Except that I didn’t sell all my equipment. I just sort of packed it away, along with my real feelings.
And I never stopped playing, though I pretended I did.
I moved to Colorado where I was serious about school. I worked and enjoyed exploring my new surroundings, but I still had my guitar and I’d play in my room, alone. I went to an open mic and couldn’t stand NOT performing. But I couldn’t stand the way I was treated by the host who acted like I was some newbie. How could he know my history? I drifted on to Arizona where my roommate played bass and we would jam a little. I was still serious about school, but we found some other people to jam with. It was just goofing around.
Except it wasn’t.
I tried to keep my love and desire for playing and performing hidden away like some shameful secret. As much as I tried to tell myself that I was done with it, I could never quite escape the overpowering urge to play. I even tried going to Mexico for two months without a guitar. In the first week, I wandered into a music shop around the corner from where I lived. I paid entirely too many pesos for a crappy acoustic guitar. I went home and played on the patio overlooking the community pool in that nice family compound where I stayed in the middle of Mexico. It felt so good. Like breathing.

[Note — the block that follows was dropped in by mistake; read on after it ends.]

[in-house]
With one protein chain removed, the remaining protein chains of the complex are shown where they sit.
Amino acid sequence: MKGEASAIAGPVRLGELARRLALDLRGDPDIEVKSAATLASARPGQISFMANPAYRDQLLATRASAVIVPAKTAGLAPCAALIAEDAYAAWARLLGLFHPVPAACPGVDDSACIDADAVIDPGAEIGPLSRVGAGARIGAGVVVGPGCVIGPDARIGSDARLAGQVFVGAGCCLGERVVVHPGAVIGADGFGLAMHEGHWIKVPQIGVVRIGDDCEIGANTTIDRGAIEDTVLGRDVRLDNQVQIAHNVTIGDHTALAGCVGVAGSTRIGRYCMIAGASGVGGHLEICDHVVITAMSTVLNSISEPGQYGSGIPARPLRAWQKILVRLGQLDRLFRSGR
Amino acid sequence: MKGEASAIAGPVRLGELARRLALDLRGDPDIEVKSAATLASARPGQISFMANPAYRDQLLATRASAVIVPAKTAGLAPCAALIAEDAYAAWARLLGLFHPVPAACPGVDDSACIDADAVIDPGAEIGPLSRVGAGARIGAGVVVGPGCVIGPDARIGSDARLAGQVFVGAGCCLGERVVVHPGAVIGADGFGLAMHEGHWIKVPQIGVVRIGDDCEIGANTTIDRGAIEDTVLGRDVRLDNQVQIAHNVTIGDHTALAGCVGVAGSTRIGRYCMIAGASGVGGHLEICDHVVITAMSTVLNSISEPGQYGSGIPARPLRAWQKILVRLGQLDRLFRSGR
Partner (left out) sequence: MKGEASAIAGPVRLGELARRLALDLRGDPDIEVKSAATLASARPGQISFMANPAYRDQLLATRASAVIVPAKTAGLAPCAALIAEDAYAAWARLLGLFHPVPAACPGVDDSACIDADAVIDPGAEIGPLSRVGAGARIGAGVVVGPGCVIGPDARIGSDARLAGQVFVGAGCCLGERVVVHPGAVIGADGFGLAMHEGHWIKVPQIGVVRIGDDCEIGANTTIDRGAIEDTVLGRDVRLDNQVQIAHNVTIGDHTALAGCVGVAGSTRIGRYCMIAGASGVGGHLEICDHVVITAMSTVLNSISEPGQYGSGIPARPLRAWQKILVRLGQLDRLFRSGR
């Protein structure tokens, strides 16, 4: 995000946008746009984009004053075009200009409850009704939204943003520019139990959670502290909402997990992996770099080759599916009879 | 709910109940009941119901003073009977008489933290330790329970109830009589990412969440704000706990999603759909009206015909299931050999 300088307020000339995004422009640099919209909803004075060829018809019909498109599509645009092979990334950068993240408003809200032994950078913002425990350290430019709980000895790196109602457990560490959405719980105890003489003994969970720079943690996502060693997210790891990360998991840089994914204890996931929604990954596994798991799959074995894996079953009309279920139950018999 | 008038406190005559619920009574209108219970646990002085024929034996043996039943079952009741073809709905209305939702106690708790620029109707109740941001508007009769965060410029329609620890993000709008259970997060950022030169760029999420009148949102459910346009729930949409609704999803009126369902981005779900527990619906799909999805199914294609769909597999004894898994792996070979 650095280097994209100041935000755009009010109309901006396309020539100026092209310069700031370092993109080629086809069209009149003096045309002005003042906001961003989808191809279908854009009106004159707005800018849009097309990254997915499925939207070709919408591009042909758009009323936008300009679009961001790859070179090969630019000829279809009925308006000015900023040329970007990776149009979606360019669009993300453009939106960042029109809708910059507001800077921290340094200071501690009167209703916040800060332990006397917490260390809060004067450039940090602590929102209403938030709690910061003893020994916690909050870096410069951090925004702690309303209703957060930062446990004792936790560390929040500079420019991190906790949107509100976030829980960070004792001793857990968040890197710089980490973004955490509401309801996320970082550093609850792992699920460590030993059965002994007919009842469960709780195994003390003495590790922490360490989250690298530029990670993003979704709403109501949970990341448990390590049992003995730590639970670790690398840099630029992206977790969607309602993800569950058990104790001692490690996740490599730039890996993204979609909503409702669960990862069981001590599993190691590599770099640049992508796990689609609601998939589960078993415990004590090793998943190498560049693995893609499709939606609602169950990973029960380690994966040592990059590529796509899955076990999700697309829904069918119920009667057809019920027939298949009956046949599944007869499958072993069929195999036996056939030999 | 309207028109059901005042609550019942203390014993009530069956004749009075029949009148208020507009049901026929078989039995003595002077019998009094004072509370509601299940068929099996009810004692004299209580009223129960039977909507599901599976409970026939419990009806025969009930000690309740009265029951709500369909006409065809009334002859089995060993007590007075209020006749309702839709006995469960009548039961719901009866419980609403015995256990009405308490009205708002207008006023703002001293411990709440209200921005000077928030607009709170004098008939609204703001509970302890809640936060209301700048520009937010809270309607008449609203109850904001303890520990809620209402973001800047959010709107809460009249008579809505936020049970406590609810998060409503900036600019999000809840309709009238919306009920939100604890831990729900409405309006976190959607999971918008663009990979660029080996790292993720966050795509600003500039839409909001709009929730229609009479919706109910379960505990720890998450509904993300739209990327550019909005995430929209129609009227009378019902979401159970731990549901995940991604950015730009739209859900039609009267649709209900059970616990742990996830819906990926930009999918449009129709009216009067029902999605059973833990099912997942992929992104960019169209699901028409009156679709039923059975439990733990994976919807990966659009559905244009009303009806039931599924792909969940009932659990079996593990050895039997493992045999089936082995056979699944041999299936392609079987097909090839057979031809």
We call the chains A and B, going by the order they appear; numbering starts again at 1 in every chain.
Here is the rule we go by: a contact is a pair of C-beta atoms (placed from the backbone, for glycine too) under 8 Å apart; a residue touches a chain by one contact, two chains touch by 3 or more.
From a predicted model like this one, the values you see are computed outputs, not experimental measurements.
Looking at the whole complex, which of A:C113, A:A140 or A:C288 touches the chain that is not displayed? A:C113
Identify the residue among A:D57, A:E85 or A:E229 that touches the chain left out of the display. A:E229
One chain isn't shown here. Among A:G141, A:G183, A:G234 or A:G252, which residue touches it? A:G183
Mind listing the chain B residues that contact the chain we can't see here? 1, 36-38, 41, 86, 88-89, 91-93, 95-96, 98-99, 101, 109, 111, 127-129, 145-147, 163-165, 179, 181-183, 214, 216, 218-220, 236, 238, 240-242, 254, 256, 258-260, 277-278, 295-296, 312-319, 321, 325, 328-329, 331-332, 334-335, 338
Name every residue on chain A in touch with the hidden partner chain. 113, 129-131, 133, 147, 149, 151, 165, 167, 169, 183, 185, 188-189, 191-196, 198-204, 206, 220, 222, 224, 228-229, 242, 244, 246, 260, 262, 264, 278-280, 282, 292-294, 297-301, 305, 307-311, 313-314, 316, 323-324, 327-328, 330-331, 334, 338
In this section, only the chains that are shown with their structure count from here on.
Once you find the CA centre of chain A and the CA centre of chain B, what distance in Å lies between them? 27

Back in Arizona, I began going to open mics. I practiced, alone, in my bathroom. Now, I enjoyed being underestimated. I relished playing the newbie with an “Ah shucks” demeanor. It was like the ultimate performance. I enjoyed surprising people. Maybe I had also learned a bit about humility. So, it was OK to be unknown and regarded as someone new, untried. Better to prove yourself than to be a disappointment or a commodity.
Still, I went kicking and screaming back into the world of music and bands and DIY rock & roll. I was happy being solo, but the guys I was meeting were fun to play with. Why should we get serious about it? Let’s just have fun! There was a feeling of exhilaration I hadn’t felt in a long time. In a drummer, (of all things), I found a partner who complimented what I did. I complimented him. We were exactly what the other needed. Along with my roommate we were three. Then we became four. That was sixteen years ago. Since then there have been ups, downs, and everything in between. We have grown-up, adult lives with responsibilities and demands on our time. We keep at it, even though we don’t give it much thought. We have seen quite a few guys come and go. And at this moment, we’re back to the original three. Funny how things work.
That brings me to my primary point.